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  Topic Review (Newest First)
01-20-2016 09:46 AM We've been sanding and respraying my bosses teak furniture for years. Teak is an oily wood and needs an oil finish. Teak oil is best for teak. Bristol isnt oil based therefore it wont stick to teak. But we just finish we dont know our job. Smh!!! But it gets us through the dry spells when work load is low.
09-17-2012 08:19 PM
Re: Anybody elsed have trouble with Bristol Finish?

In my quest for that elusive perfect coating for brightwork- I too tried Bristol Finish and found it to last no longer than the other finishes which I'd painstakingly applied after first removing all traces of other finishes. At the price of Bristol I quickly moved to other products such as Epiphanes, which I've found to last as long as the Bristol. I don't know of any product which really lasts. If you want great looking brightwork you must resign yourself to a lot of refinishing! I know of some who varnish their wood with several coats then paint over it to reduce the work while on extended cruises.
09-16-2012 11:29 PM
Re: Anybody elsed have trouble with Bristol Finish?

the bristol on my ex catalina 36 latest about three years in the pacific northwest and looked great with a nice wet-looking finish. I sold the boat before i had to re-do it ;-) On my new boat though, i am a convert to the silver look (but have very little teak)
09-16-2012 10:41 PM
Re: Anybody elsed have trouble with Bristol Finish?

My boat had teak plywood seats in the cockpit, teak hatch boards, and rails for the sliding hatch. My desire to have a dockside queen having faded a long time ago, I replaced it all with Starboard. I bought one whole 4x8 x 3/4" sheet at a very good price and replaced all the teak except two handrails. It make look industrial, but my goal is to sail not work on the boat. As many of you may know, all I've done for the past 4 years IS work on the boat!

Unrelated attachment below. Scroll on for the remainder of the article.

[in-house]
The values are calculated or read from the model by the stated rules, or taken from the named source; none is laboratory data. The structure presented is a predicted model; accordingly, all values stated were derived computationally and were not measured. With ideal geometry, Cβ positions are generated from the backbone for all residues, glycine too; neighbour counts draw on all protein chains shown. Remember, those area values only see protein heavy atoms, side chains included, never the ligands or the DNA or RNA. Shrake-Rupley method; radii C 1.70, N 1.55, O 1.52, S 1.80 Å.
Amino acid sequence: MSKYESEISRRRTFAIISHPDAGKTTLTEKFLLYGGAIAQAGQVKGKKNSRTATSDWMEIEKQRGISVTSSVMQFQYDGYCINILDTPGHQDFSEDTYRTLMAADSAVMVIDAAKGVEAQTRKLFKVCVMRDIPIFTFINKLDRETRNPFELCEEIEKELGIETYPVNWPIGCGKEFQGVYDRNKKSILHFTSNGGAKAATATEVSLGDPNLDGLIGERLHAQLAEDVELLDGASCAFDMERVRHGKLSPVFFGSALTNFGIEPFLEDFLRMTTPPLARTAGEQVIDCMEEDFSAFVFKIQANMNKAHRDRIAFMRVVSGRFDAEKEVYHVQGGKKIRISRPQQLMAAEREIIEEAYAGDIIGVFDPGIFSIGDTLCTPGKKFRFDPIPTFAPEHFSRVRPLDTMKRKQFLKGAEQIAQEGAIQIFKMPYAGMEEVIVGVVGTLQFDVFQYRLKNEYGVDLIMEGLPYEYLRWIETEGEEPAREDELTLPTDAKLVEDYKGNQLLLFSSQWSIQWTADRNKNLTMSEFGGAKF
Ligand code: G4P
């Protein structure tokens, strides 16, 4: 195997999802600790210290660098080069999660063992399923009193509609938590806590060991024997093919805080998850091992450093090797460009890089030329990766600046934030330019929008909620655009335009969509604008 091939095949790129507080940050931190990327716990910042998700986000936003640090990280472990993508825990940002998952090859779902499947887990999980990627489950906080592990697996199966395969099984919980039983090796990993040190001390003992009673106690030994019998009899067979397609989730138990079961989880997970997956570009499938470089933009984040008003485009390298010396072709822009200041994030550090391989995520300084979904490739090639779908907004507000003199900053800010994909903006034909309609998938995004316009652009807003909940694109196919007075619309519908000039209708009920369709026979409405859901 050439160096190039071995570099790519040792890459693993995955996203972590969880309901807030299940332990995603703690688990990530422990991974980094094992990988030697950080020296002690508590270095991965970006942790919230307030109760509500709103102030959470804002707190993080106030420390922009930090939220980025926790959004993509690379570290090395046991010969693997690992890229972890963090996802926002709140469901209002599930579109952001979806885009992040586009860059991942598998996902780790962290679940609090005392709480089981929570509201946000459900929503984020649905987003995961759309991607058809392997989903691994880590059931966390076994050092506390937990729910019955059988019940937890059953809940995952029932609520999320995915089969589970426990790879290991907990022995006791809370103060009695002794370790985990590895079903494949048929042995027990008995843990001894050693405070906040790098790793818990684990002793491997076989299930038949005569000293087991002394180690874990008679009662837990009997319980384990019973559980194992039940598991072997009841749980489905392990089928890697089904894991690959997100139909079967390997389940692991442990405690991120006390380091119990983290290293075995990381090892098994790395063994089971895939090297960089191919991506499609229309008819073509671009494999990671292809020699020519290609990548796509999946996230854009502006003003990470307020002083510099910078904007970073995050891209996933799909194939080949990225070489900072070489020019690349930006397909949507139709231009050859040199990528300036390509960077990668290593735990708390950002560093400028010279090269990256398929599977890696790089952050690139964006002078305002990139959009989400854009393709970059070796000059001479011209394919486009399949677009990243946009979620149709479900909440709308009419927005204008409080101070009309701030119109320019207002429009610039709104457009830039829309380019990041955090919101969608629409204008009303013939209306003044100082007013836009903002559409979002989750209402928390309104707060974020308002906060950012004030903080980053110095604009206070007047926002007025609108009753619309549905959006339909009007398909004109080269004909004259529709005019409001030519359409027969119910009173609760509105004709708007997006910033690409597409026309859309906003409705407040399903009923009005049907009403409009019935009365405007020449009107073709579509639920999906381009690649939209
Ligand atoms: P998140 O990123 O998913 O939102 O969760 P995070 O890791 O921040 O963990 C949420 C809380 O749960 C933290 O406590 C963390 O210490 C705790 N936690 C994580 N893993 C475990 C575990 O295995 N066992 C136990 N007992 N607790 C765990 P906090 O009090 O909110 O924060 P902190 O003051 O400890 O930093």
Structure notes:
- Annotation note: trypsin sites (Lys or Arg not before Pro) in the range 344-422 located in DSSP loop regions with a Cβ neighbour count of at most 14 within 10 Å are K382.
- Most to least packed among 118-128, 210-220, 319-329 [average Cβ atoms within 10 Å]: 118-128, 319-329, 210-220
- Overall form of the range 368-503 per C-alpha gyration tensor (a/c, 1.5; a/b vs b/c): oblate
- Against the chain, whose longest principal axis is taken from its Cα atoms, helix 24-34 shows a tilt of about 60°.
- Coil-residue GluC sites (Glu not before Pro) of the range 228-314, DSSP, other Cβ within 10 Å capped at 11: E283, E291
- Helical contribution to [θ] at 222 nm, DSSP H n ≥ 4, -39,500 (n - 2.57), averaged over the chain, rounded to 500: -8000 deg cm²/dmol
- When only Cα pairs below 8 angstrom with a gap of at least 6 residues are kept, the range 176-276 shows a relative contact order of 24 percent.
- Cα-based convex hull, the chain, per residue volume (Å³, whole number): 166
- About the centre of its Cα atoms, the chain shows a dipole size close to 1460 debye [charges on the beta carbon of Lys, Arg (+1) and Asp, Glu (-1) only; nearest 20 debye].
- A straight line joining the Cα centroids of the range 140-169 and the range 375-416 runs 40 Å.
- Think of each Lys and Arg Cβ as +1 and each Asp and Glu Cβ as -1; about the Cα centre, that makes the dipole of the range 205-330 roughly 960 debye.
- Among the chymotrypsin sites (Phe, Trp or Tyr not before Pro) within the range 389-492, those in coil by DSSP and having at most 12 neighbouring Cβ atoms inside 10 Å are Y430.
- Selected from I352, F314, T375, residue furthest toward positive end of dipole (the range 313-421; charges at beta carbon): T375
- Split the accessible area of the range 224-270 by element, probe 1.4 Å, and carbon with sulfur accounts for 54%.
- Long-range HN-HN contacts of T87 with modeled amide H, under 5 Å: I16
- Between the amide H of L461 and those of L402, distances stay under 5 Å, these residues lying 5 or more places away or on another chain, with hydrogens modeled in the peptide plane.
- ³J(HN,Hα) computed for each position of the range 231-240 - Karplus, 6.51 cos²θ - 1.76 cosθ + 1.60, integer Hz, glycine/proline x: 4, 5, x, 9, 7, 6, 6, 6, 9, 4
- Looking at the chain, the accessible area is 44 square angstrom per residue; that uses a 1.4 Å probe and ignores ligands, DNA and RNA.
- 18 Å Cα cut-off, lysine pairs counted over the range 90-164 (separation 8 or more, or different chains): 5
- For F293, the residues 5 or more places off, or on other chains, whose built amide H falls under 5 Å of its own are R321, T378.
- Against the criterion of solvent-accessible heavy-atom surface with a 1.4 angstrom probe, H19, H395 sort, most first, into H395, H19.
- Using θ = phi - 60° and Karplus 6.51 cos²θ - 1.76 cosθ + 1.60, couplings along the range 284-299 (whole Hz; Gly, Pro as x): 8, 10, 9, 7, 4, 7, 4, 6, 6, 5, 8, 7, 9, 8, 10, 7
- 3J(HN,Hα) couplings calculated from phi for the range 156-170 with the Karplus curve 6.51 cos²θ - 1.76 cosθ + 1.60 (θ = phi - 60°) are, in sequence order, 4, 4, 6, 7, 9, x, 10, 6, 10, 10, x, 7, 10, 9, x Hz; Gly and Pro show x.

Gary H. Lucas
09-16-2012 09:00 PM
Re: Anybody elsed have trouble with Bristol Finish?

In my other life as a paint chemist my initial reaction based solely on what was posted, is that the failed teak held a lot of moisture below the surface. I can state with authority that for the most durable bright work finish is for the wood to have less than 6% moisture, be completely encapsulated in epoxy, and have at least 8 mils of a good PHENOLIC! varnish. Note, phenolic/alkyd don't cut it. I would also prefer to see the finish coated with a good Carnuba wax; and re-wax as soon as water fails to bead up. Do that and the coating will last.
09-16-2012 07:22 PM
Re: Anybody elsed have trouble with Bristol Finish?

this wins my nomination as the single most appropriate advice of the year; her it is,
Relationships are everything to me..everything else in life are just tools to enhance them.

The purchase price of a boat is just the admittance fee to the still have to spend money on the court one with something going for her with pleasing and desirable character traits others desire as well... or you could find yourself in a disillusioned relationship contemplating an expensive divorce.
11-25-2011 01:18 PM
Bristol Finish Problems